Deitiker, Philip R via methods%40net.bio.net (by pdeitik from bcm.edu)
Tue Jan 10 12:14:20 EST 2012

I think for most enzymes they give optimal conditions, so you make the buffer they say to use or use the one they supply, or as is the case order the buffer from NEB or the enzyme supplier. The level of K+ or Na+ in most cases is not going to make that much difference. For some proteins, like globins, its best to dissolve them in cold water and then dilute them in the working buffer (usually PBS).

On the issue of pH, if you are using extremely dilute buffers, anything can make a difference, and deionized water is not a clearly defined reagent. Deionized water is produced from RO membranes, the membranes age over time, many institutions add salts to the water to protect the pipes, etc. One common thing that is added in areas where the water is acidic is calcium salts to protect the copper pipes from pitting. Raising the pH past neutral also protects the pipes (calcium and copper interact, and higher pH lowers the rate of oxidation). But raising the pH converts acidic ammonia into dissolved ammonia gas, which has greater mobility. Ammonia is not technically added to water but ammonia adducts are added when the level of chlorine is too high to add more. I don't know any lab, and I have worked in quite a few over the years, that uses RO deionized water directly.  IOW it cannot be counted on, therefore go for the ~18 mega-ohm water, purchased water, or double distilled. You would be better off purchasing distilled water from the grocery store than using 'house' deionized water. It is clearly true that more most biochemistry you don't need 18 mega-ohm water as a buffer starting mat, but you do need something more reliable than deionized water.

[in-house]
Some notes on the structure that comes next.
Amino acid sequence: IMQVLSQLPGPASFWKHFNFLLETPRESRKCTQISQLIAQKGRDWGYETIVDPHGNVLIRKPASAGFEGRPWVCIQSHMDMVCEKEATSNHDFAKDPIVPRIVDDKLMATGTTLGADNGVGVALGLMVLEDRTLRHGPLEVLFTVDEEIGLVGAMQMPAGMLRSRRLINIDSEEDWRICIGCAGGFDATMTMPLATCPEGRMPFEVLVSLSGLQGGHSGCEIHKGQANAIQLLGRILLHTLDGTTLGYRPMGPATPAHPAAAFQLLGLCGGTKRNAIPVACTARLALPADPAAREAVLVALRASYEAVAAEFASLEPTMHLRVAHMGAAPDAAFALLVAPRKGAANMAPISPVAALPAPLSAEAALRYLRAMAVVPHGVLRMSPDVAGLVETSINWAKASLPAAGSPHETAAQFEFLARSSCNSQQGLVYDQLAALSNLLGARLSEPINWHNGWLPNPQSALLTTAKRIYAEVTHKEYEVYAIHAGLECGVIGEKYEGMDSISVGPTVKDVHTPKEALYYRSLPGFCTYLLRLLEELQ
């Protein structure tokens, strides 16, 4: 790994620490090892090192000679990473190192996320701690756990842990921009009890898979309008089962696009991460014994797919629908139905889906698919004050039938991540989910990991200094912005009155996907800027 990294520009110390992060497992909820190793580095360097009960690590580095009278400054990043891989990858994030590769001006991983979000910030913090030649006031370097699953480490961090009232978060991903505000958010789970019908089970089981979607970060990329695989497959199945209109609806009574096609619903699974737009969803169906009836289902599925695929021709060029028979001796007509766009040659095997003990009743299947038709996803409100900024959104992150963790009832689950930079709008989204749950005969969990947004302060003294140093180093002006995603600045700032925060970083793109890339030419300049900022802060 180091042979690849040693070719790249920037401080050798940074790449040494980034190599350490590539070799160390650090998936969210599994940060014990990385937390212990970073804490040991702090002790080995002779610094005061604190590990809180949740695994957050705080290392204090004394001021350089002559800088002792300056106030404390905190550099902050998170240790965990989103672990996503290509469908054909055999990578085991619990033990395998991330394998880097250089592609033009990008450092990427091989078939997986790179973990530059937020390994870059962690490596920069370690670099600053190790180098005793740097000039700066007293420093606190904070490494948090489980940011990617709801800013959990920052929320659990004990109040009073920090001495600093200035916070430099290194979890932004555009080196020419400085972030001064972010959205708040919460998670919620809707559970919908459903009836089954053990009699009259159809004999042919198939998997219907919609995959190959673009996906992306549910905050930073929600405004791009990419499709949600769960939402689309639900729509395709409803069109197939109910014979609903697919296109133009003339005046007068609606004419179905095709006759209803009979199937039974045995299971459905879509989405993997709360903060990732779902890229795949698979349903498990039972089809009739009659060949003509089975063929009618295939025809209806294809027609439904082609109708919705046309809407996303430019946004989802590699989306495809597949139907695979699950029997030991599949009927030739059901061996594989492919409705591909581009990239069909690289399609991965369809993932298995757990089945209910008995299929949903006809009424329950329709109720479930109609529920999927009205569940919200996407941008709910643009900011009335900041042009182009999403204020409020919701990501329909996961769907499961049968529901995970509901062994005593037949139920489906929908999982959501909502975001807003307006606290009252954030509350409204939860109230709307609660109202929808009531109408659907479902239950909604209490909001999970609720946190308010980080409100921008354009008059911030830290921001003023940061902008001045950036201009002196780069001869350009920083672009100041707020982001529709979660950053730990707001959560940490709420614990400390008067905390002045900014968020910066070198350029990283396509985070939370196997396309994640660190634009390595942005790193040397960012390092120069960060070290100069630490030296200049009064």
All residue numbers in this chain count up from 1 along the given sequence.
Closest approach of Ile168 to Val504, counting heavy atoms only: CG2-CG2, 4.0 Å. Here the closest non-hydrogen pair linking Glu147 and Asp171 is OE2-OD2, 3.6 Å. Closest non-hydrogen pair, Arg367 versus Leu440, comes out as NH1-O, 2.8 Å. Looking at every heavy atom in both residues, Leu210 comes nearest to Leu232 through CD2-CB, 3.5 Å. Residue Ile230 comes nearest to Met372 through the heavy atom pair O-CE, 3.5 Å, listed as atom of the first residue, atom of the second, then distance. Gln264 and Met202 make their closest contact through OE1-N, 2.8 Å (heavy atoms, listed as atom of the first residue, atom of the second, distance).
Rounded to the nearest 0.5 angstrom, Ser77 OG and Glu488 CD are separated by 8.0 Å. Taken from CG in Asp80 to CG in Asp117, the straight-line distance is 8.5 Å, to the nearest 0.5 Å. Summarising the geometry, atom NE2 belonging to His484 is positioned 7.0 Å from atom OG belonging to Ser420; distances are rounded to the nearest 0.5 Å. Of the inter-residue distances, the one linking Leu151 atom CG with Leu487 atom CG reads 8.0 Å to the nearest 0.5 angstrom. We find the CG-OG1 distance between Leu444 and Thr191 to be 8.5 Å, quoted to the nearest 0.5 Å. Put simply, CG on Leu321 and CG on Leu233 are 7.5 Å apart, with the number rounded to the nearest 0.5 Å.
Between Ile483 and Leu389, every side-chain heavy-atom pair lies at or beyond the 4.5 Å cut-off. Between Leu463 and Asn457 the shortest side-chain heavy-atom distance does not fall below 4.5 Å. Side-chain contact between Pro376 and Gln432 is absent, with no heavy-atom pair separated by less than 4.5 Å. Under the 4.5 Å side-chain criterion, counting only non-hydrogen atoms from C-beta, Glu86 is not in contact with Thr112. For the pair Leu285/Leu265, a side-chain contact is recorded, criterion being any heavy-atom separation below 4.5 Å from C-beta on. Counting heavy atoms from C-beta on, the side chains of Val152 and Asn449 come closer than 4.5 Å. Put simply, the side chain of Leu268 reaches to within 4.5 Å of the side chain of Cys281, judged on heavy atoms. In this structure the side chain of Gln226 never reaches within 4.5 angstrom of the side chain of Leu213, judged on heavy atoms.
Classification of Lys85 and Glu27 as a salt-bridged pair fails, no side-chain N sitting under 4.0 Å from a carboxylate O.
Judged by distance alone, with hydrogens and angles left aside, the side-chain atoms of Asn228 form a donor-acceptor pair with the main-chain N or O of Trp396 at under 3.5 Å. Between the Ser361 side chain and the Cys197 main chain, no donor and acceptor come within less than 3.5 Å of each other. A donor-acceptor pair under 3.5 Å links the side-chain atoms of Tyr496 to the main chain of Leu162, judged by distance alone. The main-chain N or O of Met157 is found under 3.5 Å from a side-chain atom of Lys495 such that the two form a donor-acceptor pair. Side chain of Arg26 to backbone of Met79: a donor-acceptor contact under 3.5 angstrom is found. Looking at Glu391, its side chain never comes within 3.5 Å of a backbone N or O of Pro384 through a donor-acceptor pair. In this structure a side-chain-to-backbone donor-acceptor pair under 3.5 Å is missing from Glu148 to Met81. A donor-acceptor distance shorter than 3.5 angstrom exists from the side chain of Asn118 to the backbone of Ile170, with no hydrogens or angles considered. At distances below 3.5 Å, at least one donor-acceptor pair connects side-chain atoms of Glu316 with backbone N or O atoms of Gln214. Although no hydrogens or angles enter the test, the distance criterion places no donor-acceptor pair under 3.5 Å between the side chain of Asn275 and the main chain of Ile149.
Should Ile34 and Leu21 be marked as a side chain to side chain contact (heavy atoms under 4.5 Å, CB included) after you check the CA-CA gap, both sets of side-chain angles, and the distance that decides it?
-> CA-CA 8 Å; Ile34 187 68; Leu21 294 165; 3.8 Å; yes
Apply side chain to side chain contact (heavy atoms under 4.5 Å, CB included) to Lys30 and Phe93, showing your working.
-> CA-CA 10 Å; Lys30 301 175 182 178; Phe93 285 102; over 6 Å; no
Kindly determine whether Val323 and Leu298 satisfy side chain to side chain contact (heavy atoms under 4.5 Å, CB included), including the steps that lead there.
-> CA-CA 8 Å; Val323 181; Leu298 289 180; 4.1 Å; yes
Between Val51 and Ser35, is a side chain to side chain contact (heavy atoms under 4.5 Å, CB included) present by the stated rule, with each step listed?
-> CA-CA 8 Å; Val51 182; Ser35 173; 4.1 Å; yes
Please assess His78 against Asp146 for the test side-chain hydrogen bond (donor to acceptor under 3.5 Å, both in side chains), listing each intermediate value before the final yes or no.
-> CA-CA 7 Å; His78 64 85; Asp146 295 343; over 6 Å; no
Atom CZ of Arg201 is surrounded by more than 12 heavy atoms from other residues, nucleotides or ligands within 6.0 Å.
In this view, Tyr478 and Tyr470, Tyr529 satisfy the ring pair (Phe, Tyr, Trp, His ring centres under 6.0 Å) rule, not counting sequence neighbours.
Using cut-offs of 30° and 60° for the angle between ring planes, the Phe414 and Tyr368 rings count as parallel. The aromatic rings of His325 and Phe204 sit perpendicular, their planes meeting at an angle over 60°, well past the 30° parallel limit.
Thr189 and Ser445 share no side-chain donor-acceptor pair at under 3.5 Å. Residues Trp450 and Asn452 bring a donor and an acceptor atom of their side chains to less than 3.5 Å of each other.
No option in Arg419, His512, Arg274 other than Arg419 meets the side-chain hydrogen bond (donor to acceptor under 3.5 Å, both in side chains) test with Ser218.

-----Original Message-----
From: methods-bounces from oat.bio.indiana.edu [mailto:methods-bounces from oat.bio.indiana.edu] On Behalf Of DK
Sent: Monday, January 09, 2012 2:08 AM
To: methods from magpie.bio.indiana.edu
Subject: RE: 10X PBS

In article <MPG.29740567a625f6369896b0 from News.Individual.DE>, Dr Engelbert Buxbaum <engelbert_buxbaum from hotmail.com> wrote:
>Btw, if one wants to work with intracellular enzymes, PBS should not be 
>used, and replaced with a high K, low Na medium!

Well, if we are that strict then chloride salts should not be used either :-)
Intracellular Cl- concentration is pretty low and most free anions are 
large organics. For "pseudo-intracellular" solution, I've isethionate in 
one system and glutamate in another. Some people like using tartrate. 

To be sure, it does make a difference. Halide ions bind proteins a lot.


P.S.  Recently I came across your book, Engelbert. Pretty good! 
Made me envious :-)

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